Container Gardening

Discussion in 'Planting, growing, nurturing Plants' started by newcroft, Mar 5, 2008.

  1. newcroft

    newcroft Junior Member

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    I really like the idea of container gardening for areas around established native trees. I hope to do this over a fairly broad area of the backyard to increase food productivity.

    Eg see here; https://www.arts4all.com/elca/

    But using kiddies wading pools looks pretty expensive. Anyone else got ideas or tried this?
     
  2. pebble

    pebble Junior Member

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    I'm looking at doing some container gardening because I live on sand. Old baths are the things I'm thinking through at the moment (should I sink them into the ground or not, will they get too hot, that sort of thing). Old metal baths here are pretty cheap, say $10 each.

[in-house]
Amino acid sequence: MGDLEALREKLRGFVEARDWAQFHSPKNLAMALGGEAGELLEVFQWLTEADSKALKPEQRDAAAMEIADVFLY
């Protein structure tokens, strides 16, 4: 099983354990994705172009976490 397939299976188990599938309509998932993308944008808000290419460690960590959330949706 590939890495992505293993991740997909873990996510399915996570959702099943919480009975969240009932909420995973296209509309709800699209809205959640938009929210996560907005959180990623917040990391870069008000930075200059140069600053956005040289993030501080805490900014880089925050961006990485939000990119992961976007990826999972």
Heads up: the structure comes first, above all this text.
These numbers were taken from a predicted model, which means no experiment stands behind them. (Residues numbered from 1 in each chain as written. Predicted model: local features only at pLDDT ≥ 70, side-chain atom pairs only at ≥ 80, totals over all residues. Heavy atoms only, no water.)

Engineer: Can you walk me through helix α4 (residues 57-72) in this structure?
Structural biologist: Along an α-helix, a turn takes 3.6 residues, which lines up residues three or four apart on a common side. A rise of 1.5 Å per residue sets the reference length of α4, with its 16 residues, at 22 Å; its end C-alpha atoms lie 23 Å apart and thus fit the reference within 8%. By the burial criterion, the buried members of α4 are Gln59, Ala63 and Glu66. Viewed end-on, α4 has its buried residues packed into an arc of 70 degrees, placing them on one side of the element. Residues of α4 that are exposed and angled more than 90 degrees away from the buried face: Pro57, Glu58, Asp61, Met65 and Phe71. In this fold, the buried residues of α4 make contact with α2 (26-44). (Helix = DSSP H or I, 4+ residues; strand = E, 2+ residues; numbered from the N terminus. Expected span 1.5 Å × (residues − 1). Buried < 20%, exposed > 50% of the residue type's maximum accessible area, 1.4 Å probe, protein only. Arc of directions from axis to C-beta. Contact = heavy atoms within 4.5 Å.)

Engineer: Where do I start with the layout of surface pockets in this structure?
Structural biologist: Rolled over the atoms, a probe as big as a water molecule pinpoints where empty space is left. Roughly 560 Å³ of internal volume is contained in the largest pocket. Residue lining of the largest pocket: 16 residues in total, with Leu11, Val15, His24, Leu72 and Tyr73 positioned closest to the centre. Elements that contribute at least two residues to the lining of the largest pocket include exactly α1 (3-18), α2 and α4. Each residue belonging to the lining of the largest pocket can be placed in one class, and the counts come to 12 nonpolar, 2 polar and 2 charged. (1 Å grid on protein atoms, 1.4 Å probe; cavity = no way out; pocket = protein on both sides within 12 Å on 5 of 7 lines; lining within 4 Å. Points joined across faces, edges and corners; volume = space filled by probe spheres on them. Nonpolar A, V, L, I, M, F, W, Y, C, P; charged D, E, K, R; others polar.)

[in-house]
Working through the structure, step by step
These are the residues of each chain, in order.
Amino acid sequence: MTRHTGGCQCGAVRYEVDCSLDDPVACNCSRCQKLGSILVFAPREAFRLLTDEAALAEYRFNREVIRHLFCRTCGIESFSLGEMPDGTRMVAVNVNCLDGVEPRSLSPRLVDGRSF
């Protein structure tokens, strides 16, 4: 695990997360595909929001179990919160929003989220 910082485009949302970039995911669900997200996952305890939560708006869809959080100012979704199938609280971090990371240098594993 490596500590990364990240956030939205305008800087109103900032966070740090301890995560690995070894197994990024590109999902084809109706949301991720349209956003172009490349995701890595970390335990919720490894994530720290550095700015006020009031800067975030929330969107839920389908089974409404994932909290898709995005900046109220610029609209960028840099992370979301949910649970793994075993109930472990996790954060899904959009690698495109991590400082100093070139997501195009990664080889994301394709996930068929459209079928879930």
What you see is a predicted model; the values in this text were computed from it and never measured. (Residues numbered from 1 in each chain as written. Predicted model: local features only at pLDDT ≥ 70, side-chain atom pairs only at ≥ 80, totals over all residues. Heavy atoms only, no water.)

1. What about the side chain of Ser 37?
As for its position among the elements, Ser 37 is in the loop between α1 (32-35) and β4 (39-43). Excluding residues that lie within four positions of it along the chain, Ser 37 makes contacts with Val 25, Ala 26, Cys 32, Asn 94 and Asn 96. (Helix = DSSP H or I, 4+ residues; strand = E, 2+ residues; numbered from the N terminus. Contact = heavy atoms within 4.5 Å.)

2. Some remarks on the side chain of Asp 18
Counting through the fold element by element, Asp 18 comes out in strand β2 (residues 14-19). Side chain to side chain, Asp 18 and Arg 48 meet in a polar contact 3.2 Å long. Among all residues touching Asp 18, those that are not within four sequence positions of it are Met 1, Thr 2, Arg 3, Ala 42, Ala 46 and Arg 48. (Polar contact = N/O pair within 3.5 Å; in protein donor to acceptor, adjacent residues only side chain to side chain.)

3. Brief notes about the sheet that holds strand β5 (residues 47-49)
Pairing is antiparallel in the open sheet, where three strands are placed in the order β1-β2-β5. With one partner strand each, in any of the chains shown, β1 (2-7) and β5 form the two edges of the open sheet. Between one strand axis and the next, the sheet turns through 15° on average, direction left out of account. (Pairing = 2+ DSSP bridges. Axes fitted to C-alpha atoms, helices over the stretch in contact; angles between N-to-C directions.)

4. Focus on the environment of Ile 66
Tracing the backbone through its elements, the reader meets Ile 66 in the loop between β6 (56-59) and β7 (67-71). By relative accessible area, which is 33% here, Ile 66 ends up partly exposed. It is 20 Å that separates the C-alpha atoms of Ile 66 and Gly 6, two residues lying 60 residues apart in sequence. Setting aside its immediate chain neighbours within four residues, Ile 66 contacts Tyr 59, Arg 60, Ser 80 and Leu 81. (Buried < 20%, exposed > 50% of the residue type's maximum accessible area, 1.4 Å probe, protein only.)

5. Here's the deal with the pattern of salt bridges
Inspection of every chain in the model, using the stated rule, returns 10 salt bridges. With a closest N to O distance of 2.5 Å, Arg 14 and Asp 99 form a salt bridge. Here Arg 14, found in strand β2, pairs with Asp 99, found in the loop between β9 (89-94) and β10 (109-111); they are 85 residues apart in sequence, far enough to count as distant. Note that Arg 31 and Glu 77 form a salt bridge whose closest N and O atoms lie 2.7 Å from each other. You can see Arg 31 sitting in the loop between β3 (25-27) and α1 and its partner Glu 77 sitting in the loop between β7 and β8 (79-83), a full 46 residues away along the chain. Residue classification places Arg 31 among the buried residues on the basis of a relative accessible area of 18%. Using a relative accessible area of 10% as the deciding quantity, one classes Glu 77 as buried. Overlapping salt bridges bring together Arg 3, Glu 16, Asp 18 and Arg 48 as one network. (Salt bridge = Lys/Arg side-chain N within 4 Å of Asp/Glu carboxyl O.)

I get the initiative in using something like a paddling pool, but I do have a problem with gardening in something that is not good for the earth i.e. plastic that will degrade and be unusable - not sure how long a paddling pool would last with soil and roots in it. Although it makes more sense in a city. I won't use old tyres because of the toxicity. I like the website though, interesting.
     
  3. JoanVL

    JoanVL Junior Member

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    I just use the usual poystyrene boxes, poked with holes and stood on bricks. I fill them with a mixture of home made compost and dried grass cuttings, water them with a weak liquid manure mix (from soaked chook poo), and grow both seedlings for transplanting, and herbs. My brahmi seems to love containers, for example, and my silverbeet seeds just shot up, and are now transplanted.

    My back garden has a big concrete slab on it, put there by the previous occupiers, and without my boxes on it the space would be wasted.
     
  4. newcroft

    newcroft Junior Member